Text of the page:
When Chris Brown first put out an e-mail to other indie record store folks more than five years ago, he knew he had a good idea.
He proposed a day, once a year, that celebrated the idea of a physical record store. The place where people come -- and have come for generations -- to browse, talk to other fans and music experts, and buy the next great work from their favorite artist.
With more and more people getting music online, it made sense to Brown, head of marketing for the Maine-based Bull Moose Music store chain, to try to play up all the positive aspects of the record store experience.
So he's not completely surprised that Record Store Day will be entering its fifth year this Saturday around the nation. But he is surprised with how fast it's become big. Huge, in fact.
This year, more than 1,000 independent music stores nationwide will participate with giveaways, live performances and other events. That's more participating stores than ever before.
And record labels have prepared more than 300 exclusive Record Store Day releases, including everything from old country and classic rock to punk and pop, and by everyone from Ralph Stanley and Dave Brubeck to The Black Keys and The White Stripes. Last year, there were about 188 special releases.
But what surprises Brown the most, and what he loves the most about Record Store Day, is the incredible vibe the day creates for everyone involved.
"Even bigger than the special releases, I think, is the fact that it just feels really, really good to be in a music store on that day. It's like a wedding reception or something," said Brown.
"The music store is always a unique experience, but on Record Store Day, it's intensified. It's like opening day at a baseball park; you've got all these complete strangers who are glad to be together sharing this experience."
On Saturday, Bull Moose stores will be celebrating Record Store Day with more than a dozen performances by local bands at 10 locations. Bull Moose and other independent stores will also be selling special Record Store Day releases, though not necessarily all of them.
With all the special releases by artists large and small, Record Store Day has become the most important day of the year for independent record stores. Therefore, it's a big day for artists and labels as well.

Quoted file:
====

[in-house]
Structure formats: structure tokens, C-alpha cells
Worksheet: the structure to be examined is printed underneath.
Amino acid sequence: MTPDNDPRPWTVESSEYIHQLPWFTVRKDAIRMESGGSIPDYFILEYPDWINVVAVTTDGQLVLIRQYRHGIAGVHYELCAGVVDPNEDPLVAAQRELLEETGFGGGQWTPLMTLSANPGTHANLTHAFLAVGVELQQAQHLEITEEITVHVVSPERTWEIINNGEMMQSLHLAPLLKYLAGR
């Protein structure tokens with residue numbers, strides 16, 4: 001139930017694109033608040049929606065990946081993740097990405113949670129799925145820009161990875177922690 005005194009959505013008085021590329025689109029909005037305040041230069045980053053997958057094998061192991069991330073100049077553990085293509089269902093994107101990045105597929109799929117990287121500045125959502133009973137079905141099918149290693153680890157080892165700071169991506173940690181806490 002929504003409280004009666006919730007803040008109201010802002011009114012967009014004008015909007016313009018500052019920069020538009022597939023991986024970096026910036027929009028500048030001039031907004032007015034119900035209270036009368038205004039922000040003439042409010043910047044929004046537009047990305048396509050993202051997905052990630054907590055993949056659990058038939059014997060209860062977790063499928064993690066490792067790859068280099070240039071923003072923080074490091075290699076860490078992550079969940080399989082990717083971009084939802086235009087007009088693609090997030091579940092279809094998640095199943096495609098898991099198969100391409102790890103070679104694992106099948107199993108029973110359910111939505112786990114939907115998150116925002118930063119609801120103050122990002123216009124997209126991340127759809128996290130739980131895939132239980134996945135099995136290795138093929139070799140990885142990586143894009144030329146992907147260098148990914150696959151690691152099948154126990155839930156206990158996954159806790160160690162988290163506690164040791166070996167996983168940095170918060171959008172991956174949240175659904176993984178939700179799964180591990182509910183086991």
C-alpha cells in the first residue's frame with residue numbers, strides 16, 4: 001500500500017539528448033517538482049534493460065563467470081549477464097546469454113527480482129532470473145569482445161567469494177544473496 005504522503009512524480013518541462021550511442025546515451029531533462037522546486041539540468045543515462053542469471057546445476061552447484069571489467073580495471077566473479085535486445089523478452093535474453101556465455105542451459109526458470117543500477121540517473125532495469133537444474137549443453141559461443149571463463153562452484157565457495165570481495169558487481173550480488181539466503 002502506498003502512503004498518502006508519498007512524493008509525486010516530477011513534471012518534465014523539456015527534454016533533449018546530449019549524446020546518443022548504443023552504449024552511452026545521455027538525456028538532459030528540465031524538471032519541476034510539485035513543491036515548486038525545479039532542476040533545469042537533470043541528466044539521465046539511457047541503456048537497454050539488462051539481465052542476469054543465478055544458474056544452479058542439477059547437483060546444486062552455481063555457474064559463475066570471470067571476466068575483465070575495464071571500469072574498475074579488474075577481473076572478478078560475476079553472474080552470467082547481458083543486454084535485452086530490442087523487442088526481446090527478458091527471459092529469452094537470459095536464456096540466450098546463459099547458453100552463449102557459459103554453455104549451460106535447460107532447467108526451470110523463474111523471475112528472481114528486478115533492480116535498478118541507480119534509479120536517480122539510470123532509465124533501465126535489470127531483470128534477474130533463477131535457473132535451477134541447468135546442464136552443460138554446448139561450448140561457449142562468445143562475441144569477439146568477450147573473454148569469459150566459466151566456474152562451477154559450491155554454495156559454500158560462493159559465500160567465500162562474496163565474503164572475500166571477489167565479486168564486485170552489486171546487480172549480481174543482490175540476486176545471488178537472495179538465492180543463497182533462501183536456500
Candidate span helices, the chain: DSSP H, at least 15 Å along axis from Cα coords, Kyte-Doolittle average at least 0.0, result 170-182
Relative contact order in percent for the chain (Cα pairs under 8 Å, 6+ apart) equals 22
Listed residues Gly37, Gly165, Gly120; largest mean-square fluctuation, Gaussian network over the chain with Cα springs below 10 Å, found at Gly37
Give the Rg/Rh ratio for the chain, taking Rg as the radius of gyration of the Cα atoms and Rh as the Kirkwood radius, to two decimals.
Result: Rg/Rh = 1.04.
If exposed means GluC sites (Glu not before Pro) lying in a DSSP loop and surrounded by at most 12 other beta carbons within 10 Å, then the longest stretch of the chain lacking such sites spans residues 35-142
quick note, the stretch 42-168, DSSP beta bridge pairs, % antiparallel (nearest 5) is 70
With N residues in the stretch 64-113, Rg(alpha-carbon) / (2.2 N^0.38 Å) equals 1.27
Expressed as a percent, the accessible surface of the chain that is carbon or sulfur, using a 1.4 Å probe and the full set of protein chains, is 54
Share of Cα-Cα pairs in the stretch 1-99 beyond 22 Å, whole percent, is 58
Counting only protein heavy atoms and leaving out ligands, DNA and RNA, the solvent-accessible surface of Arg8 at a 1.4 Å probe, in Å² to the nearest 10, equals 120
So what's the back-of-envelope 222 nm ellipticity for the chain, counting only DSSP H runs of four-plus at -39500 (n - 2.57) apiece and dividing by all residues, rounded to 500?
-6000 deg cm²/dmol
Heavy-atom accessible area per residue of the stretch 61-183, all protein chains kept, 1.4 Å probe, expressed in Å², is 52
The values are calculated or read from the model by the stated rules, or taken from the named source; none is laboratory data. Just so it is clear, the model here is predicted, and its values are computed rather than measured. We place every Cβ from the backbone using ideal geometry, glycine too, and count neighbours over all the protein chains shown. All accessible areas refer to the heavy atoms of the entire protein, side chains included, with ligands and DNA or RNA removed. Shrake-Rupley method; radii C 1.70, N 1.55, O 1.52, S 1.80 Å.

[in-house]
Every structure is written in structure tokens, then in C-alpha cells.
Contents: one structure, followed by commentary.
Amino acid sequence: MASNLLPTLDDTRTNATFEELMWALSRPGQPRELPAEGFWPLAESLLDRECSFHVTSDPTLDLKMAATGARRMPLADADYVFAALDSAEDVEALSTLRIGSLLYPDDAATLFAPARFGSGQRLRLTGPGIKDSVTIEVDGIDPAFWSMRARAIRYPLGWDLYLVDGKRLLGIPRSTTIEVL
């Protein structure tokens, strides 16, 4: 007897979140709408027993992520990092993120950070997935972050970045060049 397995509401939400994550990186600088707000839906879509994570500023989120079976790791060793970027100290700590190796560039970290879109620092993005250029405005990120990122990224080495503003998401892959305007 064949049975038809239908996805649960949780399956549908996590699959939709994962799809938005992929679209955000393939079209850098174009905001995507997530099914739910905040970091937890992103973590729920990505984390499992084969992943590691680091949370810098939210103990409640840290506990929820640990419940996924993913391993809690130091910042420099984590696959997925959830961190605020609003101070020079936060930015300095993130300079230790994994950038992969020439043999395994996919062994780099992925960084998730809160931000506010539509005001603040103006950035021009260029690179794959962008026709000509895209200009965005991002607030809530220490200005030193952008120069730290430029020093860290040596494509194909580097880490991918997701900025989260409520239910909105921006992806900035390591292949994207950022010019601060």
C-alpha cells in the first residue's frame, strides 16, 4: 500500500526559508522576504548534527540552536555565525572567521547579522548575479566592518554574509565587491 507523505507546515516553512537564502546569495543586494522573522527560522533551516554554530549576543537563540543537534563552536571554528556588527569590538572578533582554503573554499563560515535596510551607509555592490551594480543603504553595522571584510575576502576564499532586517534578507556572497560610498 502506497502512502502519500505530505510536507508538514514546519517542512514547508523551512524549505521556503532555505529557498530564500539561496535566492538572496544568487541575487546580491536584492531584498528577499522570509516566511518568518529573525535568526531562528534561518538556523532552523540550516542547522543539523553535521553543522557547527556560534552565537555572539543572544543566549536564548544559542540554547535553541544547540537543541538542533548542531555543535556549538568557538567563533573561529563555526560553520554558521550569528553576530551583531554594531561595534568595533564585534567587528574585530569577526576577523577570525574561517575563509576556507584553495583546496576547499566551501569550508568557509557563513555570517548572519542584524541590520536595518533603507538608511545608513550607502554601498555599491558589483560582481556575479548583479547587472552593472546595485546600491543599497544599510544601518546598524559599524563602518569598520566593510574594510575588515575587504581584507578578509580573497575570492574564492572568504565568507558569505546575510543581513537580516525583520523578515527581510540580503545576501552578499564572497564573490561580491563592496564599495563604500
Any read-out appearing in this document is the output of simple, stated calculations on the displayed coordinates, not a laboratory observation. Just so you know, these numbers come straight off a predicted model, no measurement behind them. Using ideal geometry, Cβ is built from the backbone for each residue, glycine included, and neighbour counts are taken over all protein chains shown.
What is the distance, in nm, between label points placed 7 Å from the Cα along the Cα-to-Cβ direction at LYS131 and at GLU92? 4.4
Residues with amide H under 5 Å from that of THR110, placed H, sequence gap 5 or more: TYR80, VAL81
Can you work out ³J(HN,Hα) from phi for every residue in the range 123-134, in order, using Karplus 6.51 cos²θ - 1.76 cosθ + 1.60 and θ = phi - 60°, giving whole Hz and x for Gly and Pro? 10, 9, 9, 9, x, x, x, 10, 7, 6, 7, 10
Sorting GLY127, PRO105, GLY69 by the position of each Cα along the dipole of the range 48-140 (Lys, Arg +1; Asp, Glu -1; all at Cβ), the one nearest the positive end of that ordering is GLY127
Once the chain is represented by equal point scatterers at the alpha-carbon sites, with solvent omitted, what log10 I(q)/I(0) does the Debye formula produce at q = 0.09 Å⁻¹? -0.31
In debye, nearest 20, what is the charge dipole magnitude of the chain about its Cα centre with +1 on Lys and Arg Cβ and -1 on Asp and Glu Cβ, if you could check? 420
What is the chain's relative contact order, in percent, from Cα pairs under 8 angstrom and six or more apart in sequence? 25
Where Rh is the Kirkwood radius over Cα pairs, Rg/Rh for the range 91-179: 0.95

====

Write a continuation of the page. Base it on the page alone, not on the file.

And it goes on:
"Record Store Day has become the biggest sales day for indie retail stores -- bigger than Christmas and any other holiday, period," said Alex Brody, associate director of independent marketing for RED, a Sony Music company that handles sales and marketing for independent record labels.
"Why has it grown? Because everyone -- artists, managers, labels, distributors, indie record stores -- have all banded together for a common goal: Driving consumer traffic to independent retail and purchasing physical product. Chris Brown and company took the idea of celebrating record stores and turned it into a movement that everyone has noticed."
Record Store Day has become a day to celebrate local music as well. All the bands playing Bull Moose stores this year are local, and several of them are releasing music on that day. In years past, Bull Moose has landed national acts to play Record Store Day along with the local acts, such as Grace Potter and The Nocturnals. But the scheduling didn't work out this year, so the line-up is all local.
Because Record Store Day draws tons of music lovers to stores, it's an important vehicle for local bands to get their names and their music out to a wider audience.
"It's a great opportunity to connect with fans of all ages in a more personal and intimate setting than a normal show," said Mark Sayer of the Maine band Whitcomb, which will be playing Bull Moose's North Windham store on Saturday. "(Record Store Day) is a tremendous idea that's been embraced by customers, retailers, labels and artists as a way to help promote what it is we all do and love.
"The fact that it's homegrown and Chris Brown helped get it off the ground makes it extra special."
Portland musician Zach Jones, who will be playing the Scarborough Bull Moose on Saturday, said he'd go to Record Store Day events even if he wasn't trying to sell his music.
"I enjoy Record Store Day not just because I'm a musician, but because I am a record enthusiast," said Jones, 30. "Living at a time where a lot of people are streaming music from the Internet, it's important for us to be reminded of what an experience visiting the record store and picking up a physical copy of an album by your favorite artist can be."
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